Deep Roots, Ch. 3

I’m up to my elbows in busyness this week, so I’m posting a few chapters from my new book, Deep Roots, which I’ll publish later this year.  I’m in the middle of the final rewrite, so please give me any feedback which can make these chapters better.

Haunted (Psalm 3)

It is scary how the ghosts from our past come back to haunt us.  I’m not talking about the mysterious apparition of your great aunt Sally that appears at the top of the stairs on dark and stormy nights (if that’s you, then you need to call the Ghostbusters).  I’m talking about the poor de-cisions from the past that caused pain—the hurtful things we said or did that ruined a relationship or destroyed a reputation.  Every time we see or think about that person, the guilt rushes back.   The questions race through our minds:

“Why did I say those things?”

“How could I have approached the situation differently?”

“Can I ever make things right?”

Sin will come back to haunt us.

One of the reasons I’m convinced the Bible is from God and not merely the work of men is the way it portrays its “heroes.”  They aren’t portrayed as perfect people with perfect lives who did no wrong and who always saved the day.  Instead, the Bible portrays them with brutal, raw honesty.  They are people with personality flaws and moral failures.  In many cases, their ghosts return to haunt them.

Psalm 3 reveals the emotional state of a man haunted by his past.  Psalm 3 is King David’s cry to God concerning his enemies, namely his son Absalom.  Handsome, athletic, persuasive, manipulative, and evil, Absalom was both every father’s dream and nightmare.  He murdered his half-brother.  He ran a grassroots political campaign that would make any third-party candidate jealous.  He raped members of his father’s harem in broad daylight in public view.  He rebelled against his father to take the kingdom for himself.[1] He nearly succeeded, but his ambition lead to a violent death.

What is so tragic is David should have known what Absalom was doing.  Even if David did know, he did nothing about it.  David was a great king, but he was a terrible husband and father.  David’s weak parenting skills contributed to Absalom’s rebellion.  In Psalm 3 David reflects on the rebellion while it was in process.  David’s terrible fathering skills and his ignorance of Absalom’s subversive activities came back to bite him.  David was haunted.  Yet, in spite of the dire circumstances, David writes this in Psalm 3:3,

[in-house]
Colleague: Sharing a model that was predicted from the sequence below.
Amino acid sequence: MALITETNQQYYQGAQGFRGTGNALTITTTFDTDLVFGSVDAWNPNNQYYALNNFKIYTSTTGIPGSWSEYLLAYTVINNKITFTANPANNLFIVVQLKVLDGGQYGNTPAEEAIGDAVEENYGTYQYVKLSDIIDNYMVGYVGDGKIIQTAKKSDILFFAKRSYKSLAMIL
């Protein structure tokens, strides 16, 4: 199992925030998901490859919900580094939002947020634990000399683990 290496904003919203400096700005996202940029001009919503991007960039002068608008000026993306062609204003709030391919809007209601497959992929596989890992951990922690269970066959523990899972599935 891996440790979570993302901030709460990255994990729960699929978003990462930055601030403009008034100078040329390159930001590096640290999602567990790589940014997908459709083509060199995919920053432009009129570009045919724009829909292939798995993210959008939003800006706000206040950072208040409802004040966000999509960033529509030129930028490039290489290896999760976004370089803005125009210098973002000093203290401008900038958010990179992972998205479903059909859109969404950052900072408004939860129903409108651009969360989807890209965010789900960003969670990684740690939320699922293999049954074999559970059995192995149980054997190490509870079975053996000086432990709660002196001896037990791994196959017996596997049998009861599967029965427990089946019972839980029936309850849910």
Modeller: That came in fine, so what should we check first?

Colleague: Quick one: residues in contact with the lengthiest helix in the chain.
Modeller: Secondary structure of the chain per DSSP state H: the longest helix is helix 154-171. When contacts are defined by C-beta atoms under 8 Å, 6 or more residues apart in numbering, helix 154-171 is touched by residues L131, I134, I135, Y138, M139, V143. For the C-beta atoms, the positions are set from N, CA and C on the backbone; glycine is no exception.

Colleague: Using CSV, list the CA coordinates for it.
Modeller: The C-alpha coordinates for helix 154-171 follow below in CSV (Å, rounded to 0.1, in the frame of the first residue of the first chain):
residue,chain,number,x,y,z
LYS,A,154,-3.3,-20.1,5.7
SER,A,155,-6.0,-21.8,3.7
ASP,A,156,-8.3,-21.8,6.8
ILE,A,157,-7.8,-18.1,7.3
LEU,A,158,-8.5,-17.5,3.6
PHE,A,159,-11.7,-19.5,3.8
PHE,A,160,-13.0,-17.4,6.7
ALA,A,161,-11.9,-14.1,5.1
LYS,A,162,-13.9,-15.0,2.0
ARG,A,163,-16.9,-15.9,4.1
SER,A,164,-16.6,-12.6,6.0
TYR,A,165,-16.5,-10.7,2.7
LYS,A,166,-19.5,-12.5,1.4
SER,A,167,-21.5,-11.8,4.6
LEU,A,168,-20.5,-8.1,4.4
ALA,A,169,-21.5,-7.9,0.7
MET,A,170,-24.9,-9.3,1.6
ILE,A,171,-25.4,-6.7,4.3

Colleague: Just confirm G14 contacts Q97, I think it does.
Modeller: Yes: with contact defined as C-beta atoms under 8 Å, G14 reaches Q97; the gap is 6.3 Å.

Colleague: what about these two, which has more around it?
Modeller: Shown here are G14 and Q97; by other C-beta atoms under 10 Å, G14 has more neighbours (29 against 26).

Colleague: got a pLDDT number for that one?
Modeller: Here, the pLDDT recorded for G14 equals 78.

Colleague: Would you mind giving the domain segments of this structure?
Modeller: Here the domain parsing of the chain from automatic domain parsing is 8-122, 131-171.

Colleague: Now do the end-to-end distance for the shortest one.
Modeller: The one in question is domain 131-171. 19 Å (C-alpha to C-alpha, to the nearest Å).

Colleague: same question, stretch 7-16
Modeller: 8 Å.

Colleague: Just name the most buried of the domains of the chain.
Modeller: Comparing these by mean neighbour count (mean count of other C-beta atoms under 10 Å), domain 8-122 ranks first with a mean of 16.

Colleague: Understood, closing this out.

“But You, O Lord, are a shield about me.”

Shields have one purpose:  to protect from enemy attacks.  In ancient times, a soldier without a shield would have been as good as dead, vulnerable to whatever his opponent threw at him.  In a spiritual sense, David called God his shield—his protection.   Even though David was par-tially responsible for Absalom’s rebellion, David knew God would protect and forgive him.  Eventually, God allowed David to return from exile and reclaim the kingdom.

Like David, each of us has ghosts from our past that occasionally haunt us.  Satan uses those ghosts to inflict guilt, shame, and regret.

In the midst of spiritual warfare, when Satan throws everything at us, we can take refuge in God’s mercy.  We can trust in His protection.  Jesus’ death and resurrection secured the final victory over Satan, sin, and death.  Our guilt has been removed.  Our shame has been erased.  Our regret has been forgotten.  Even though the enemy continues to fight with guerilla tactics and even though there are battles to be fought, we can take refuge in God’s protection because the war is already over.

Our ghosts have a way of scaring us when we least expect it.  A song, a scene from a movie, a location, a person—anything that reminds us of the past—can stir memories and dredge up remorse for what we did.  But with God as our shield, our protector, we no longer have to fear.  We can trust in God’s protection and forgiveness no matter the circumstance we find ourselves.  Sometimes, knowing God is our shield is the only thing that keeps us sane and gives us hope.  Other times, when Satan’s attacks have ceased for the time being, we can look back and see God’s protection.  It may have come through a scripture we meditated on, an encouraging word from another follower of Jesus, time spent with our church, or even something as simple as a brief, silent moment.  No matter what He uses, we can in hindsight see God working to protect us in the midst of Satan’s barrage.  We can say what David did in Psalm 3:5-6,

I lay down and slept; I woke again, for the Lord sustained me.
I will not be afraid of many thousands of people
who have set themselves against me all around.

Rest easy.  Your ghosts don’t have to haunt you any longer.

[1] Absalom’s story is found in 2 Samuel 14:25-19:8.


About Aaron

Aaron is a follower of Jesus. He's married to his smokin' hot wife Laura and is the father of three adorable girls. He enjoys a robust cigar, a complex root beer, a good movie, writing, football, thought-provoking books, and rousing discussions about subjects you're not supposed to talk about (like theology and politics). Religious people irritate him (because he once was one). He's on a quest to find the perfect dry rub and sauce for ribs.
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One Response to Deep Roots, Ch. 3

  1. Pingback: Our Victory In Jesus – Recognizing Spiritual Attacks | Veronica Schultz

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